Monday, August 4, 2008

I Wish That I Was Jessie's Girl

I turned 40 back in January. Exactly 50 days before giving birth to the Little Man. Needless to say, I wasn't in any condition to go out and celebrate. Now, I've said before that God allowed me to have a baby at 40 for many reasons. I believe this weekend was one of those reasons. If I had been able to celebrate my birthday in January, my sister never would have planned this weekend.

When I was about 14, I was in L-O-V-E, love with Rick Springfield. I had the albums (yes, actual vinyl albums), listened to them all. the. time., and Jolee, one of my bff's, and I went to our very first concert when he was performing in a nearby town. Her daddy dropped us off, then picked us up after the concert was over. It was a little taste of freedom for us, and we loved every minute of it. We rushed the stage, and stood there wanting, more than anything, just to be touched by Rick. There was a barrier built about five feet from the actual stage. Body guards paced to and fro in the space between the stage and the barrier. Obviously, Rick was in fear for his life, afraid of the thundering herd of teenage girls that was baring down on me and Jolee, pressing us against that barrier. We were glued to our spots and wouldn't have moved for any amount of cash money. We did not, however, get to touch Rick.

Flash forward 25 years. My sister called me months ago and asked what I would be doing the weekend of August 1st. Knowing that is in fact her anniversary, I wasn't sure how to answer. Was her next question going to involve a fantastic weekend get-a-way while I watched her three kids? Trying to keep an escape route open, I said, "I'm not sure." When she said she was asking because RICK SPRINGFIELD would be performing at the Frederick Brown, Jr. Amphitheater, a/k/a The Fred, in Peachtree City, a mere hour and a half from her house, and she wanted to take me as a belated celebration of my birthday, I said, "OH, I am so there."

I have been looking forward to this weekend for months now. I planned to lose my baby weight before seeing Rick. Hey, a girl can dream, right? I spent a few hours in the mall with Little Man in tow trying to find the perfect outfit for an outdoor concert in Georgia in August. An outfit that would be cool and comfortable and yet still hide the baby weight that I didn't really even attempt to lose and yet not make me appear to still be six months pregnant. An outfit that was perfectly priced (read extremely deeply discounted extra percentage off the clearance price). I was beside myself. Not only would I get to go to see my sisters new house...GORGEOUS, by the way...I would get to see Rick again. So, I packed up my girls, left the Little Man with his Daddy and his Nana (Daddy had to work most of the weekend, so Nana got the bulk of the baby care duties) and drove the six hours to my sister's house. In the rain. At night. On a road I hate.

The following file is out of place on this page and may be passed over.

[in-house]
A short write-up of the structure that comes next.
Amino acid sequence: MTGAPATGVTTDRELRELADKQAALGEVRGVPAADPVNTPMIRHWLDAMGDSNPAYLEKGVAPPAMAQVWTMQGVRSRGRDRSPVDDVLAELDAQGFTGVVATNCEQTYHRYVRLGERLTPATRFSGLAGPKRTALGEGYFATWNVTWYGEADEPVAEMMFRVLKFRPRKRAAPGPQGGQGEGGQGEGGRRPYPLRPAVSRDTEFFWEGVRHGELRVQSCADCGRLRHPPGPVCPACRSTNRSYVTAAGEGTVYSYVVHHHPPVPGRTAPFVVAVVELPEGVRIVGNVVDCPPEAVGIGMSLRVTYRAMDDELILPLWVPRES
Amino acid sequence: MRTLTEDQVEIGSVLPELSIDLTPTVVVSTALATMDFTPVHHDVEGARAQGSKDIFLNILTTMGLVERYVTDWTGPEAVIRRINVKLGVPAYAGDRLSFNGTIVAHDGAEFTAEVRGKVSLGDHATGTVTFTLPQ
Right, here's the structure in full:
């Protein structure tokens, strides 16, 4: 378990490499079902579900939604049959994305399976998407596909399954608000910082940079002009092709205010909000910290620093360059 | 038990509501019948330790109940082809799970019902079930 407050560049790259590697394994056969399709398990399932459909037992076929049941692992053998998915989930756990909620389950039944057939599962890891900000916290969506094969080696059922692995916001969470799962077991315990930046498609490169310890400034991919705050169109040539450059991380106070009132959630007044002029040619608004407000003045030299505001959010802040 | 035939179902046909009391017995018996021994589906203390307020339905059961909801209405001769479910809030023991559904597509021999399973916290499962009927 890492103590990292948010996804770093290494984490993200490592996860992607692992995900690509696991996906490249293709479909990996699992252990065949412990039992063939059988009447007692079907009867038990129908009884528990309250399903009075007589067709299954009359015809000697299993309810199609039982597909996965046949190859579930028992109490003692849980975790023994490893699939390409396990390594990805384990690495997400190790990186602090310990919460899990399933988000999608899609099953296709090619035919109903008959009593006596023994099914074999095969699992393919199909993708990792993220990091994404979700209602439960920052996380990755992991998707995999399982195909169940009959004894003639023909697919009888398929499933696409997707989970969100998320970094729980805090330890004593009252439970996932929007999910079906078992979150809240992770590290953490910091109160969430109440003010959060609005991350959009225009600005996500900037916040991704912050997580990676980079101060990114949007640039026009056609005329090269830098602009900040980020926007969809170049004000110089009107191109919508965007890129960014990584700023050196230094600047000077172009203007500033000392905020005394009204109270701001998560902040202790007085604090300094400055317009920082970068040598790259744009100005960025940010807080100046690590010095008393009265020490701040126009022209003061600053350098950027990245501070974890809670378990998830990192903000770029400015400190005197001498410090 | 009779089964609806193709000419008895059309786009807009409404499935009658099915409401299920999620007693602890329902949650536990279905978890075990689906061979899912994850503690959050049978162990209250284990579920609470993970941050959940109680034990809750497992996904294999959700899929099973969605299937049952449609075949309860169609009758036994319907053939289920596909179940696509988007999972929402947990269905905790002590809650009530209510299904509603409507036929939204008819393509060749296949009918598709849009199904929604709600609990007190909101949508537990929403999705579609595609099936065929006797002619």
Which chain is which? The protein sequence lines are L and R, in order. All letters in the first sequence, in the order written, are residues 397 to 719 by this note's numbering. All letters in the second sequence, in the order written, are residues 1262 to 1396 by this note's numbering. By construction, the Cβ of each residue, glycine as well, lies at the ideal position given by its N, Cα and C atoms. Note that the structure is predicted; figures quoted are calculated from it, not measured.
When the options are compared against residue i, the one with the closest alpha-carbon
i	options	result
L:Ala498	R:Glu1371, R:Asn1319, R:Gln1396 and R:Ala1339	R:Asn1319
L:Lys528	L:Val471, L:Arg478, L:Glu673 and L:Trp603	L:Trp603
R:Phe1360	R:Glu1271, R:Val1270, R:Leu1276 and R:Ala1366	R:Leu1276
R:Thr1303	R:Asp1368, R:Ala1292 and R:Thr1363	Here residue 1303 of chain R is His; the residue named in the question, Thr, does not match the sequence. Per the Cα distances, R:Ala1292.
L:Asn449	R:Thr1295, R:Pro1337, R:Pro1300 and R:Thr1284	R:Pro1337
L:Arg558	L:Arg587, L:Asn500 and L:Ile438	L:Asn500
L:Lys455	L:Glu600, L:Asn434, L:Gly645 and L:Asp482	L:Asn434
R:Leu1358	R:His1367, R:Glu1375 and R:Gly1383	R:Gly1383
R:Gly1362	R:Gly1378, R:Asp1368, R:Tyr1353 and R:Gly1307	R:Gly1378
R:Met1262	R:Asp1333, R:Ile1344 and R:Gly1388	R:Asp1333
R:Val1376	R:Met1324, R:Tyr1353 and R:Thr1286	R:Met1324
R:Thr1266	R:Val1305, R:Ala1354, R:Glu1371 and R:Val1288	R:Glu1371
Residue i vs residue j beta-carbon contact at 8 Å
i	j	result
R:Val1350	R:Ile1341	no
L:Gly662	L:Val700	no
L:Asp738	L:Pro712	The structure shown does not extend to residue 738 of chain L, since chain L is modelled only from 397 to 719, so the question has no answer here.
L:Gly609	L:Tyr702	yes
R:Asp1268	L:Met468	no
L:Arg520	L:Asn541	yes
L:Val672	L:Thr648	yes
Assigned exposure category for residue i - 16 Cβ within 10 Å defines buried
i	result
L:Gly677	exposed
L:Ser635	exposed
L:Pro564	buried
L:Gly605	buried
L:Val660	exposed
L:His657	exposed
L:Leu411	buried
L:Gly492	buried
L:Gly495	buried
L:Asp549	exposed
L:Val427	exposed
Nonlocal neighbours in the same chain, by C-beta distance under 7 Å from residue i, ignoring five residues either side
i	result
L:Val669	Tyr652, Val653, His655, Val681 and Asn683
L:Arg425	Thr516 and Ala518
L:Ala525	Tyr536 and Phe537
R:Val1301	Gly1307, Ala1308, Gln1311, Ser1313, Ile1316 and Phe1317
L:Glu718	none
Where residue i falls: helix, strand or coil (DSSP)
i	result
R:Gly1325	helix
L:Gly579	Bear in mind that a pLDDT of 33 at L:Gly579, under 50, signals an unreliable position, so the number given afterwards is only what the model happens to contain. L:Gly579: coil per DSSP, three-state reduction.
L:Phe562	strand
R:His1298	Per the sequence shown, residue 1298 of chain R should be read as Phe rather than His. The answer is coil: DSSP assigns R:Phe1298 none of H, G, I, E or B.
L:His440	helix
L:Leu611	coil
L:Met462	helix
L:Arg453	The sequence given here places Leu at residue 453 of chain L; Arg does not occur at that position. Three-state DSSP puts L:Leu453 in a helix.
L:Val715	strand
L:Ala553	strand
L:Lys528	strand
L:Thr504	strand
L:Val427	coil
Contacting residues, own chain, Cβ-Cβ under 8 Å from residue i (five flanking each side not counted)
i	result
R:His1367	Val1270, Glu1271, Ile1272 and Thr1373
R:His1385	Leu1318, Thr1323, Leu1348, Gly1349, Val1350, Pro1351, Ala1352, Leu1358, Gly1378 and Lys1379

Saturday arrived, and after at least half an hour with my flat iron, putting on our carefully chosen outfits, and kissing our kids goodbye as two of them whined that they didn't want their mommies to leave them, we left my sister's house, drove to Peachtree City and had dinner at Carrabba's. With no kids. A treat all by itself.
I also had an Italian Wedding Cake Martini, which was dee-vine.

We had decided to stop somewhere for a bottle of wine and some cheese and crackers to munch on during the concert. For those of you who have never been to Peachtree City, they have a sign ordinance of some sort prohibiting businesses from, you know, actually advertising their location. In other words, if you don't know where it is, you're probably not going to find it.